Thursday, 23 June 2016

How to pre-activate all your Win7/8 systems for Windows 10 without actually installing Windows 10 (even after 2016-07-29)!

Time is running has run out! However, you can still activate Windows 10 using a Windows 8 or Windows 7 Product Key even though the 'upgrade' deadline has expired!

Note: This will probably not work after 2017-12-31 - see here.

Microsoft have said that Win10 will probably be their last version of Windows, because they will release continuous updates for Win10.

So even if you don't like Windows 10 now, you may like Windows 10 a lot more in 6 months time or in 3 years time. Unless you activate and register each system now, you will have to pay for it later!

If you are still running Win7, you should definitely upgrade to Win8.1 or Win10 because Win7 has reached 'end-of-life'. Manufacturers are no longer releasing peripherals with Win7 drivers, so any new peripherals you purchase may not run on Win7 if it requires a special driver.

Tip: You can check the Windows version by running 'winver' from the Start - Run box.

As I have mentioned before in previous blogs, you don't have to install Win10 onto a system's internal hard disk in order to get it registered with Microsoft for Windows 10. All you need to do is boot the Win7/8 system from a USB drive which has Windows 10 To Go on it. Here are the steps:



1. Obtain a copy of the correct edition of a Win10 TH2 (1511) Installer ISO (see here).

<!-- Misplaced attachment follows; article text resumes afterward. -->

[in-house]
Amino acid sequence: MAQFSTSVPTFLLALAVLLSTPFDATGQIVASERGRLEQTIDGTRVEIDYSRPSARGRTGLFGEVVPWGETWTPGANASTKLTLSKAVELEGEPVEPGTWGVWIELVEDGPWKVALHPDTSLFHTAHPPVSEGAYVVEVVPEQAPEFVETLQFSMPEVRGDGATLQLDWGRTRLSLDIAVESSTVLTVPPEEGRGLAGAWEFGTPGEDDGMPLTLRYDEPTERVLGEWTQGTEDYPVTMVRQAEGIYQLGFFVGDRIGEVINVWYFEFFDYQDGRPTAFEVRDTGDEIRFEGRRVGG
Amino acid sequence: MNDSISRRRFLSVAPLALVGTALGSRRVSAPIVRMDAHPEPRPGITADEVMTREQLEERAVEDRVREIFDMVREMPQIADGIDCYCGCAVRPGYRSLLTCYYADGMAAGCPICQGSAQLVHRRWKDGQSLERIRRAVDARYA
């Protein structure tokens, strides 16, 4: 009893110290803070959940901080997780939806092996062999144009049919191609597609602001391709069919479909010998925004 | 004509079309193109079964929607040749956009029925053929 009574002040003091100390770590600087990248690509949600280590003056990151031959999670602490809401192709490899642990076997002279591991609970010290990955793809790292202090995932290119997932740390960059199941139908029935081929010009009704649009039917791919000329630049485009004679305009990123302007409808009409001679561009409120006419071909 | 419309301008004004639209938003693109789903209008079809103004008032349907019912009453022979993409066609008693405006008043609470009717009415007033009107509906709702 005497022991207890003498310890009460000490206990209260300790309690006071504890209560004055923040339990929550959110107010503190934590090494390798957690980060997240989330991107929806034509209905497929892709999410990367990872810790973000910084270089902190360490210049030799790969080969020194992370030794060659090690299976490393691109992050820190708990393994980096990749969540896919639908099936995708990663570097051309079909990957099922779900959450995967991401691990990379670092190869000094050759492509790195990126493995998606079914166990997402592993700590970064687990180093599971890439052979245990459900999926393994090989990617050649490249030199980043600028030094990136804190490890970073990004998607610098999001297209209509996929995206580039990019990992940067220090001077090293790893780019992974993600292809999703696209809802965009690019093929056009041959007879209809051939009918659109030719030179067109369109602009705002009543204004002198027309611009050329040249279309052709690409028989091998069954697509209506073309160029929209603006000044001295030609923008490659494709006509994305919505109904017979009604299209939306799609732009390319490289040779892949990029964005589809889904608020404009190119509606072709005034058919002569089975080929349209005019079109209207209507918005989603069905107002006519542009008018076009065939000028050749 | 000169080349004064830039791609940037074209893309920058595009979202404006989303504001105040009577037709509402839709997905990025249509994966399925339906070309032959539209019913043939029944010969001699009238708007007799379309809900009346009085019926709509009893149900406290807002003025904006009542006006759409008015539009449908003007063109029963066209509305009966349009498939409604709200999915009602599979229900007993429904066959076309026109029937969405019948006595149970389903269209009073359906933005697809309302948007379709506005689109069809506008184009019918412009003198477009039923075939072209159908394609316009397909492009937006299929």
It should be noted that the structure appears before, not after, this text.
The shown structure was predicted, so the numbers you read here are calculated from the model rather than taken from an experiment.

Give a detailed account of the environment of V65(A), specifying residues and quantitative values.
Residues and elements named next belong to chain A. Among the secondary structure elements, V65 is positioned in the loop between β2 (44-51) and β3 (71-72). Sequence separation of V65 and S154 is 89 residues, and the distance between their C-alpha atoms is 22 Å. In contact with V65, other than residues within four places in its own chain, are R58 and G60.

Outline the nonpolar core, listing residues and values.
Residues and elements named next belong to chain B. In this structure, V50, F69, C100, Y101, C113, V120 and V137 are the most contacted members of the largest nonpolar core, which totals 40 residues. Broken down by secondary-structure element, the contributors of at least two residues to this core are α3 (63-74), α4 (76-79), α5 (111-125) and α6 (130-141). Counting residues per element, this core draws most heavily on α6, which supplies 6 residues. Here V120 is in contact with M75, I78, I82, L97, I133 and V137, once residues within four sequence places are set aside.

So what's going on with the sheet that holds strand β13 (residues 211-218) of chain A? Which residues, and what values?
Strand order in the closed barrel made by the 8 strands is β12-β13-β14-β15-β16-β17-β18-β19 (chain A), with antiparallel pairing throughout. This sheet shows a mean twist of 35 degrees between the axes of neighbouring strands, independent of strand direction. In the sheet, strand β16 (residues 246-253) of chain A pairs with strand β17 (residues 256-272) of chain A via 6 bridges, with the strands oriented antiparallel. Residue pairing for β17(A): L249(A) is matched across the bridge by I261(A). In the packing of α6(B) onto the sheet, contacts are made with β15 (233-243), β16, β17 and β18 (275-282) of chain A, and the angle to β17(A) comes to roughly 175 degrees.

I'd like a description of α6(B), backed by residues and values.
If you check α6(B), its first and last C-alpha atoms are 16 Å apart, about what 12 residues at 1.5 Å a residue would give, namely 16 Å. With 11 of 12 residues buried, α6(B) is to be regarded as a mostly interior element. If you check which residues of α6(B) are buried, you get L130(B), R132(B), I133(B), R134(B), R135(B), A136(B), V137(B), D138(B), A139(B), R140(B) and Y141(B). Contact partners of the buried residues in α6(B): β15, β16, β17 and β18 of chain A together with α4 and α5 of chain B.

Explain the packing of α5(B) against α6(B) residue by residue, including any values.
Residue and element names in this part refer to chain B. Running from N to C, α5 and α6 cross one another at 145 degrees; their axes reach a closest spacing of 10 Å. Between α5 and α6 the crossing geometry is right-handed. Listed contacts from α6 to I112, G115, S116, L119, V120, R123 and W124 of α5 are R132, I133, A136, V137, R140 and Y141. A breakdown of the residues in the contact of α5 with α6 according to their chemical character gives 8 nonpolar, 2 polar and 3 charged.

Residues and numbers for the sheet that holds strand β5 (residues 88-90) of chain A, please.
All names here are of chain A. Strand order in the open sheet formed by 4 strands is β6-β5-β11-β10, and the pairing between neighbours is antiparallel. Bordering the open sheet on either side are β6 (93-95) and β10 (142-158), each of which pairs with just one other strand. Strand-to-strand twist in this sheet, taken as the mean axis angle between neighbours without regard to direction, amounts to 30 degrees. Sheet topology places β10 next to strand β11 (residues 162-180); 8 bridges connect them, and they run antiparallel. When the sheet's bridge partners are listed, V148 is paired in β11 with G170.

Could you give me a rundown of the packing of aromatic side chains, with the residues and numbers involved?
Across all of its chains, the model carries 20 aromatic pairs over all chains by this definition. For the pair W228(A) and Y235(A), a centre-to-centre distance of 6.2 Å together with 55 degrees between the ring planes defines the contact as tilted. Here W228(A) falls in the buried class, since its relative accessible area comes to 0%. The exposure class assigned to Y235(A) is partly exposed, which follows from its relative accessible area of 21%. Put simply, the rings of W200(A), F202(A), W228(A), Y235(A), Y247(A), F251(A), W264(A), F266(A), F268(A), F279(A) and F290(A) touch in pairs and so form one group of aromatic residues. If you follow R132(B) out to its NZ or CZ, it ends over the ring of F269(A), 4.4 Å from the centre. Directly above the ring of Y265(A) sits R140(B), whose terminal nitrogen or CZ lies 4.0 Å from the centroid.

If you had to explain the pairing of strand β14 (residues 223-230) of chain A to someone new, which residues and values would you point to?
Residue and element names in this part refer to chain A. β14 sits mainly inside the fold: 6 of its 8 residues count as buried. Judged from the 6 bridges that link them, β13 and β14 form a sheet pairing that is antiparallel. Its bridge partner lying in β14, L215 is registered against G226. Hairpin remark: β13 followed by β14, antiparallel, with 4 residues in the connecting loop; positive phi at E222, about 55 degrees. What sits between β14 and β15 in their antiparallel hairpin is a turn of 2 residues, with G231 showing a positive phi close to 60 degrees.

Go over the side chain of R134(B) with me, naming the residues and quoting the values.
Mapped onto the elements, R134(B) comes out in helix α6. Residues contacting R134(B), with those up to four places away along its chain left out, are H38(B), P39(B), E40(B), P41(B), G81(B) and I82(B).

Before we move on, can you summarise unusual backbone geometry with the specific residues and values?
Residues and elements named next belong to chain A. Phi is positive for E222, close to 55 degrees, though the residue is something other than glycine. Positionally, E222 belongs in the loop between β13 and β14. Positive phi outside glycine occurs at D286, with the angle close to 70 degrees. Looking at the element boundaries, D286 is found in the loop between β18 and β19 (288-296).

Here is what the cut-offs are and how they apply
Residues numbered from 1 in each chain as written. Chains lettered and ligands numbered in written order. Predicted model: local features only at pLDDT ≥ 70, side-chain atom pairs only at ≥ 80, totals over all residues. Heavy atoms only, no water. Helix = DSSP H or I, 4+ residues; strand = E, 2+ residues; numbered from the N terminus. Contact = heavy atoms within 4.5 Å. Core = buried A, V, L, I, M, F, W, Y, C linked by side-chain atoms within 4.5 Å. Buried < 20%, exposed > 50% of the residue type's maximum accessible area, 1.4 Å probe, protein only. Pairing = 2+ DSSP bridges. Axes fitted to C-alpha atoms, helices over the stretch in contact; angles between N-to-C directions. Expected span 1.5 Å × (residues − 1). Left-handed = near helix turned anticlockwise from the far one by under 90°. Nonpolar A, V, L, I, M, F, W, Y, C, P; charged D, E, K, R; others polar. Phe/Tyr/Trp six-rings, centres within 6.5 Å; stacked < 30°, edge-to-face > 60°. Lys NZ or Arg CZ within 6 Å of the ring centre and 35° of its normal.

For instance, if the system you want to upgrade is Win7 Ultimate x32 Retail\OEM, you will need a Win10 Pro x64 or x32 Retail\OEM installer ISO. If your system is Win8.1 Core x64, you will need Win10 x64 or x32 ISO. If you use 32-bit versions, they will work on both 32-bit and 64-bit systems.

Make sure you have the latest Threshold 2 (TH2 - v1511) versions because the first release of Win10 (10240) will not accept Win7/8 Product Keys.

2. Boot to the current Win7/8 Windows OS and run ProduKey from NirSoft. This will tell you the current Windows Product Key that your system is registered with if there is no OEM CoA label on the system. You can also try ShowKeyPlus to get the original OEM firmware Product Key. Make a note of the Product Key on a piece of paper (or stick a label to the bottom of the PC/notebook as you will need it if and when you do eventually install Win10).

ShowKeyPlus: Your product key depends on the type of Windows version you bought:
• If you bought Windows from an authorised retailer, the product key will only show as the Installed key. This applies to OEM System Builder keys as well.
• If you upgraded Windows, the Original key will be the key installed prior to the upgrade. N.B. if you upgrade to Windows 10 for free, you'll receive a unique ‘digital entitlement’ instead of a product key. The key displayed will be a generic key in that case.
• If you bought a new PC running Windows, the product key will be pre–installed on your PC and the key will be included in the firmware in the case of Windows 8 or 10 - or as an OEM marker, in the case of Vista/7. The OEM key will display the key in the case of the former, or whether your PC was built for Windows Vista or Windows 7.

3. Now make a bootable USB drive using WinToUSB (it's really simple to use!). You will need a spare NTFS-formatted USB drive for this (16GB+) - use the fastest one that you can get your hands on, and unless you want to wait a few hours, use a USB 3.0 drive (even if your system only has USB 2.0 ports). WinToUSB may re-format it, so back it up first!

Make sure you select either the VHD or VHDX option in WinToUSB. VHDX files are less prone to corruption, but add an I/O overhead which may result is slightly slower performance. The minimum size is usually about 14GB. Windows 10 will not boot from a 'flat-file' install on a Removable USB flash drive, so you need to use a VHD/VHDX file - also a single VHD(x) file is really easy to backup or copy.